If you’re stuck on a problem and looking for the right answer, there probably isn’t one. Of course, it depends on what type of problem it is, but for any type of creative endeavor, you can safely assume that there really isn’t any “right” answer.
This mentality though of there being a “right” answer is so ingrained in us though. Seth Godin talks about this ad nauseam, but it’s still difficult for us to accept. We have this industrial age mentality that’s systematically ingrained in us by society. We’re trying to get the right answer, because in an industrial society, there is a right answer. There’s a way you can tweak the gears in the car so it goes a little bit faster. That’s direct and measurable. It’s better; so it’s “right.”
This is what we’re ingrained with in school. It’s part of the reason I suck so much at accepting that there isn’t a right answer. I was good at school. I got grades and everyone in my life was happy with me for that. It was reinforced. My parents were proud, my teachers were proud, the colleges I got into were pretty decent because of my good grades.
I recently heard the quote, “Perfection is the Enemy of Good.” You don’t need to find perfect, you just need to find something good and then make it work.
I can think of a lot of times where I’ve gotten hung up looking for the “right” answer. When I first moved to Chiang Mai, Thailand, I probably spent two days looking for an apartment. I had a list of criteria of things I wanted: price, location, near a gym, near a grocery store, preferred a kitchen, etc. I created a spreadsheet. I started looking at apartment buildings’ websites and calling them trying to find the perfect one.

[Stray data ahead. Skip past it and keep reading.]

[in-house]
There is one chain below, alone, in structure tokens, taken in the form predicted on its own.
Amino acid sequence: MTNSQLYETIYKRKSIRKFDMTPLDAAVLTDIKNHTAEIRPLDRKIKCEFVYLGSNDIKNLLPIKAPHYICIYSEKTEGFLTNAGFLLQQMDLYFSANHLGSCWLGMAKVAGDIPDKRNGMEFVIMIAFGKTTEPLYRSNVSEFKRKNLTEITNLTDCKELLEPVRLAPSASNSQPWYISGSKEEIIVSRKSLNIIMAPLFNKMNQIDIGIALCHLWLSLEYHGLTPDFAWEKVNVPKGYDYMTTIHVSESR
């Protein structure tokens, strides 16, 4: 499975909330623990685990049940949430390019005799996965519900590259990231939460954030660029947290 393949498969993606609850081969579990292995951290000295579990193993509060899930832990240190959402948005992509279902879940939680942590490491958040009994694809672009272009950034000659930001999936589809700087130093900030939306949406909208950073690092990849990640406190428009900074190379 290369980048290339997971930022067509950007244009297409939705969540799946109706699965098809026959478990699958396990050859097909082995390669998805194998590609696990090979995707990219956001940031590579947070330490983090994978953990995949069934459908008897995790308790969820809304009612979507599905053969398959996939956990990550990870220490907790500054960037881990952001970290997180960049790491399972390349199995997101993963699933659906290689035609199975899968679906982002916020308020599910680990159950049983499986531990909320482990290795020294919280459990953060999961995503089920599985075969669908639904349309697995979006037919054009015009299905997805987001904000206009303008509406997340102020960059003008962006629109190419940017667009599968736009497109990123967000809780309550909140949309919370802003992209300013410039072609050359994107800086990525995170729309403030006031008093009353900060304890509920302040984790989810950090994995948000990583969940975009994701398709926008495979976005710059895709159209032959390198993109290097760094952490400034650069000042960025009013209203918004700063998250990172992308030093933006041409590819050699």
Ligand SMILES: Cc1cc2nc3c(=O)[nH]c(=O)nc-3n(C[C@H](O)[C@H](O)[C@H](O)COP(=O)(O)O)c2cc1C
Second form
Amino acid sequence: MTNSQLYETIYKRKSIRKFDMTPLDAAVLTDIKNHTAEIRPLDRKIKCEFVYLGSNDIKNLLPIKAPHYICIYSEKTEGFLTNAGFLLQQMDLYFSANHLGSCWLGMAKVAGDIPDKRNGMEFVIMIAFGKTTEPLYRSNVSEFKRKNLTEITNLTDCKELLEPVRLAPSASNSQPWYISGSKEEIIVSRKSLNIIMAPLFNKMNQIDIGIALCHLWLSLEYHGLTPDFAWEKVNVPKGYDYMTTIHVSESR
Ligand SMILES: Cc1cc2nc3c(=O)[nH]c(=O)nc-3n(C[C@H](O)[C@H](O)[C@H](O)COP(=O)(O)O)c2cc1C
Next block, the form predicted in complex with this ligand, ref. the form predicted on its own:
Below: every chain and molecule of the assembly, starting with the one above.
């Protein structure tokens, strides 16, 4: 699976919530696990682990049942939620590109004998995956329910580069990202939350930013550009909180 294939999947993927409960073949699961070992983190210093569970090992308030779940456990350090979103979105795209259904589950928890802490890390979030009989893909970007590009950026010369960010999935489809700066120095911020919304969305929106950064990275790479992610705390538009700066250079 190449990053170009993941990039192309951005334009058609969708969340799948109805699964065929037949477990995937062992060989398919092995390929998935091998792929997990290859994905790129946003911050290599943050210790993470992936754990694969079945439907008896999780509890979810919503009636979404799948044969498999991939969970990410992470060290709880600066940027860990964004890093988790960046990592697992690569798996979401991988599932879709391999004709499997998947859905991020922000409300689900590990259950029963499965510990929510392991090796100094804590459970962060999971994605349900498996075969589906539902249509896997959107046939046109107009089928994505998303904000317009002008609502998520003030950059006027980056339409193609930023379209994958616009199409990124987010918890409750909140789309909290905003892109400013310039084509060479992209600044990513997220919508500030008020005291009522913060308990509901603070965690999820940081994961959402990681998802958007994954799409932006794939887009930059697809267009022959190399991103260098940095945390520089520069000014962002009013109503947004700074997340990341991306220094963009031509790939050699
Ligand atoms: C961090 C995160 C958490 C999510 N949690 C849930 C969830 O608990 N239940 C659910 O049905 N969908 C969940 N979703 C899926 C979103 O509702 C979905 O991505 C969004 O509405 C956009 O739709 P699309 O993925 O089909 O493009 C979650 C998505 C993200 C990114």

I never found the perfect one. I gave up picked one that looked alright and rolled with it. It worked great. It didn’t have a kitchen, but I bought an electric grill for 20 bucks that worked perfect. It wasn’t that close to a gym, so I walked and got to listen to a bunch of podcasts.
I think one of the things that attracted me to study history in college was that it had that sense of uncertainty. There isn’t a “right” answer when you’re doing history. There is no right interpretation to history. But, at least in our educational system, you still get graded on it. You’re assigned some purportedly objective number that’s supposed to correspond with the quality of the history you did. So there’s a right way of doing history. Your paper is structured in such and such a way. And if you’re crafty, you adjust your paper to fit the professor’s biases and preferences.
If you don’t fit into this, then somehow you’re doing history wrong. There always seemed to be some disdain among a lot of professional historians for amateur historians (basically anyone shoe doesn’t have a PhD in history).
I remember the first time I listend to the Hardcore History podcast and thinking, “Oh, this is such shit history. This guy is just some amateur historian.” Listening to it now, that podcast is awesome. The guy actually cares. He’s a great storyteller. It’s obvious listening to the podcast that he’s done very real history. He’s gone back into the primary sources and formulated original thoughts and interpretations about them. That’s doing history. The fact that he didn’t spend a decade in some bullshit PhD program doesn’t change that.
This point really hit home with me a couple of weeks ago. I was putting together a newsletter recently for one of the companies I’ve been working with. It was one of my main goals for Febraury. I wanted to revamp the whole thing and create this awesome process for putting out a new newsletter every month. I read every blog post on B2B EMAIL. I read whitepapers, watched slideshares, signed up for newsletters ABOUT newsletters. I watched videos. I studied case studies. I was going to find the “right” answer.
I slaved over the copy of the email. There were maybe 200 words in the email. I spent hours writing and re-writing those. I was looking up synonyms in Words that Sell. I read it out loud.